The Quartermaster General was responsible for numerous duties, far beyond the usual duties of a QMG. For example, the QMG was responsible for the procurement and distribution of supplies (other than food and clothing); he was the principle staff officer involved in the movement of troops: routing reconnaissance; repair and maintenance of roads and bridges; layout, organization and construction of camps; supply and maintenance of equipage, both land and water.
The position of QMG was not immediately announced, so at Boston, George Washington asked Congress for the authority to choose who would fill the position. On July 19th, Congress gave him the permission he sought and by August 14th, Thomas Mifflin was the QMG of the Continental Army. (In June of 1776, Stephen Moylan took over the position for several months, but he was not able to meet the challenges of the job, so Mifflin returned to the post.)
The tasks and duties of the QMG officer were performed by Mifflin and several subordinates or assistants:
Joseph Thornsbury (Appointed Wagonmaster General in May by General Washington)
Clement Biddle (Commissary General for Forage on July 1)
Henry Emanuel Lutterloh ( At General Washington's suggestion, Mifflin made him his deputy)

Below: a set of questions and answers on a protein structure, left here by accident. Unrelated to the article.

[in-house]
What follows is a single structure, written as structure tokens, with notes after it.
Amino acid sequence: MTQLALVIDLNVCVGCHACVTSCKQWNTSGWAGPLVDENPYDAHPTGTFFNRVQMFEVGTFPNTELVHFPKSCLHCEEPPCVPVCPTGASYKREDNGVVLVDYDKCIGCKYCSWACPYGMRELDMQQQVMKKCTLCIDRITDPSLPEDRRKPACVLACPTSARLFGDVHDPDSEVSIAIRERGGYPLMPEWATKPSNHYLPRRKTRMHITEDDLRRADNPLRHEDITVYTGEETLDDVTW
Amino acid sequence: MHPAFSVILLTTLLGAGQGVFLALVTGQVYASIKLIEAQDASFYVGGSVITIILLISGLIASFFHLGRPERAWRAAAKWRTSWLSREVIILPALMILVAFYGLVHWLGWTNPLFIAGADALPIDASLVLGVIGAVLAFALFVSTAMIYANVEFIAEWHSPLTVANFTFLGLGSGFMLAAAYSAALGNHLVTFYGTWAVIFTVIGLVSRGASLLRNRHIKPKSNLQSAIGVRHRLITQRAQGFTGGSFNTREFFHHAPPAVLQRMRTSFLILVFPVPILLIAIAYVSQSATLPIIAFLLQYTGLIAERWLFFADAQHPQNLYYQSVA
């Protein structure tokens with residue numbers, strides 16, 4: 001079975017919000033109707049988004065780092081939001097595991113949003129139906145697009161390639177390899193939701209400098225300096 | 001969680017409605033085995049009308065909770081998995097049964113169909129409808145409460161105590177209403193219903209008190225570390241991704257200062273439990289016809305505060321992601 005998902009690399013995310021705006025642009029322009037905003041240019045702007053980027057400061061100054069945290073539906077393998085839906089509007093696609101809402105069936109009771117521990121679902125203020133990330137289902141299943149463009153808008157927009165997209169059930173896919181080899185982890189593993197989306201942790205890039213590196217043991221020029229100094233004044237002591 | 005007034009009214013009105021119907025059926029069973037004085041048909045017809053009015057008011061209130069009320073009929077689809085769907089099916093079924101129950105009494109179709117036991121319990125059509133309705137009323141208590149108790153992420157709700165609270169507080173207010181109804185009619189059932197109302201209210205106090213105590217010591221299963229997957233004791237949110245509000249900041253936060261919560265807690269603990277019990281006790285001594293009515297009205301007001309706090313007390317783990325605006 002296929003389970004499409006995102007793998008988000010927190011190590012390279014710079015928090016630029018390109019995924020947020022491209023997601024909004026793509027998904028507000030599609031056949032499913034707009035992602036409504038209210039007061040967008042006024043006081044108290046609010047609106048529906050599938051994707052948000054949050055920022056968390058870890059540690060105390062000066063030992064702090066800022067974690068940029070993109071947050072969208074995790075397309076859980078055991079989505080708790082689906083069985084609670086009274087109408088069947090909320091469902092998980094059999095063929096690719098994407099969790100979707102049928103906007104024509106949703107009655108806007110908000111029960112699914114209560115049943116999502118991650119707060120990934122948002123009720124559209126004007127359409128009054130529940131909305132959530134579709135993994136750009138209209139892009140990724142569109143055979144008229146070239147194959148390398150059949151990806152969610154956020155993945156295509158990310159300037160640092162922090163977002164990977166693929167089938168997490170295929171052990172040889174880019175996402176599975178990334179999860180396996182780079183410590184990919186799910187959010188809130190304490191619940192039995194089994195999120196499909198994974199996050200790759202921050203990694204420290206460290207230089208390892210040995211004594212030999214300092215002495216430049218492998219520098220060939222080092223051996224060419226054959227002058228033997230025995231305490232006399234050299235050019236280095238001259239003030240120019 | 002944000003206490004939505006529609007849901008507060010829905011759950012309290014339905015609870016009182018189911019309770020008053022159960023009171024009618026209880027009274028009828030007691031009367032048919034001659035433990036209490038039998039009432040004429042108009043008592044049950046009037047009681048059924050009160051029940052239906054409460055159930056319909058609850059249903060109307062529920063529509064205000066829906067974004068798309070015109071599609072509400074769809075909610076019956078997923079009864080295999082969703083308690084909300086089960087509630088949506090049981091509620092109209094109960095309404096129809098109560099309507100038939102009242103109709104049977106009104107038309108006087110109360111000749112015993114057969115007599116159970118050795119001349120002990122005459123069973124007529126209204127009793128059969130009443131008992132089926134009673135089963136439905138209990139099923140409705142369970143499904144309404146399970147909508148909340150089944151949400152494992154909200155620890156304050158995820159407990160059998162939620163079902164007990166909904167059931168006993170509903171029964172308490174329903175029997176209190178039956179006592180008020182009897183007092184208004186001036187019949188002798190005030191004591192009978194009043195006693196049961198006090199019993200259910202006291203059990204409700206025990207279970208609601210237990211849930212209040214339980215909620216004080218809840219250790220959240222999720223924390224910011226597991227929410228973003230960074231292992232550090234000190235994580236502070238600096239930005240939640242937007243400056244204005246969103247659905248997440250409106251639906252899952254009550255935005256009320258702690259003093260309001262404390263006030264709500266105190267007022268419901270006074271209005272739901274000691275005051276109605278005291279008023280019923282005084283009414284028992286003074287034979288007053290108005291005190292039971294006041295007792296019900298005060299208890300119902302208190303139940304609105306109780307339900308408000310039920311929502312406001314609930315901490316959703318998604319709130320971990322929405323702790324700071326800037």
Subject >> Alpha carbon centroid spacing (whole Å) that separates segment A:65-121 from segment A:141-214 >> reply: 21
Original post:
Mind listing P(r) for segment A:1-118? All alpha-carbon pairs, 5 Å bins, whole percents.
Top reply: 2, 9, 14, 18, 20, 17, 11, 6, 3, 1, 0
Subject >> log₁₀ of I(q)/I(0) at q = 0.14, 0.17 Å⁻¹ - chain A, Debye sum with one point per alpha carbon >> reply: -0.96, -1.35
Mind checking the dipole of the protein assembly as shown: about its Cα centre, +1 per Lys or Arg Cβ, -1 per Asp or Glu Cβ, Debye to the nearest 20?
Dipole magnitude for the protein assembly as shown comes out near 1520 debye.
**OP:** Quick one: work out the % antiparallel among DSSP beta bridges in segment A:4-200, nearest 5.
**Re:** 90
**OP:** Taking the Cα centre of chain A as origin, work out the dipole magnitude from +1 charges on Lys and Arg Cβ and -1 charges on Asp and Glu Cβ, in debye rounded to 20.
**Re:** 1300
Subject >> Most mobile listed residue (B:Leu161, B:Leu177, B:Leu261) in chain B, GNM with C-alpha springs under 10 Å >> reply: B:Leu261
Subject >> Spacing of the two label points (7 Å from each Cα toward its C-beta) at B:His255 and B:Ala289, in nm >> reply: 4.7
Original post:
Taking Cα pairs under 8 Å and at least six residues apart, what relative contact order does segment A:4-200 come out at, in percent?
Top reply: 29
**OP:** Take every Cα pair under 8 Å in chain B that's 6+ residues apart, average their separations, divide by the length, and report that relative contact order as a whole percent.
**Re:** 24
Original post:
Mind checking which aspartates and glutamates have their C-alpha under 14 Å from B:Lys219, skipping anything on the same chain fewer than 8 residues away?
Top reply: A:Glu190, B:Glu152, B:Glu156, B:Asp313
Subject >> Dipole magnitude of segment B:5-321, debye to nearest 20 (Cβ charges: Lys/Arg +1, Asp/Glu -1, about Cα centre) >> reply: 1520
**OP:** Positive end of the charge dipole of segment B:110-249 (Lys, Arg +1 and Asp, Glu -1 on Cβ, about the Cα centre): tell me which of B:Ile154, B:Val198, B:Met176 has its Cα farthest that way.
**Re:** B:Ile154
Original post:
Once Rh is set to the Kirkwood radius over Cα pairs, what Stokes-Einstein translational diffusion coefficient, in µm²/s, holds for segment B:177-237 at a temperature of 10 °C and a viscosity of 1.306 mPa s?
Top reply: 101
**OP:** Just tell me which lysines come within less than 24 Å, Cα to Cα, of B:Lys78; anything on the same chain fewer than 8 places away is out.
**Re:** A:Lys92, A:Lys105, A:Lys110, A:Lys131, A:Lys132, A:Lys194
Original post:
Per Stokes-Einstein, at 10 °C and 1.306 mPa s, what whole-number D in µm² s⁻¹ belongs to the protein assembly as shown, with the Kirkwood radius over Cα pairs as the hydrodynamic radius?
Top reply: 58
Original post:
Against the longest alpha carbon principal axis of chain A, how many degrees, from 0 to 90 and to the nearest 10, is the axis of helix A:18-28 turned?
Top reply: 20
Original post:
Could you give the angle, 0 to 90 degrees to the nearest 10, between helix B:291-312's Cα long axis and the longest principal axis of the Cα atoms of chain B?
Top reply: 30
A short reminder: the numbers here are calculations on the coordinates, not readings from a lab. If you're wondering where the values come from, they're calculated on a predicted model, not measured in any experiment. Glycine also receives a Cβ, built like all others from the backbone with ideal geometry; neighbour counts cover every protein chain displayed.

In 1777, the Quartermaster Office fell apart — primarily in distribution/transportation. Why did this happen? There are a number of reasons: Mifflin was spending his time in Philadelphia by order of Congress for recruitment, moving stores from British threat and general reorganization efforts. The members of Congress were indecisive in their dealings with the Continental Army, and the indecision led to great neglect. Mifflin, citing reasons of ill health, submitted his resignation to Congress on October 8, 1777 — but they didn't accept it until November 7th — asking further that he remain in his post until a new QMG could be chosen. Mifflin, anxious to take up his new post on the Board of War, told his deputy Lutterloh, to take over the job.
The neglect, indecision and derisiveness on the parts of both Congress particularly, and Mifflin led to the supply problems at Valley Forge during the winter of 1777-1778. There, the troops lacked proper clothing, shoes and armaments. There were times when the troops went for days without meat and only subsisted on firecake and water. Washington and his generals were all furiously writing Congress and their respective representatives to Congress for aid in the form of supplies for the men of the encampment.
At Valley Forge on May 2, 1778, Nathaniel Greene accepted the post of QMG, albeit very reluctantly. It was a thankless job for anyone. His deputies were:
John Cox — charged to purchase and examine all stores
Charles Pettit — charged to keep account of the books and cash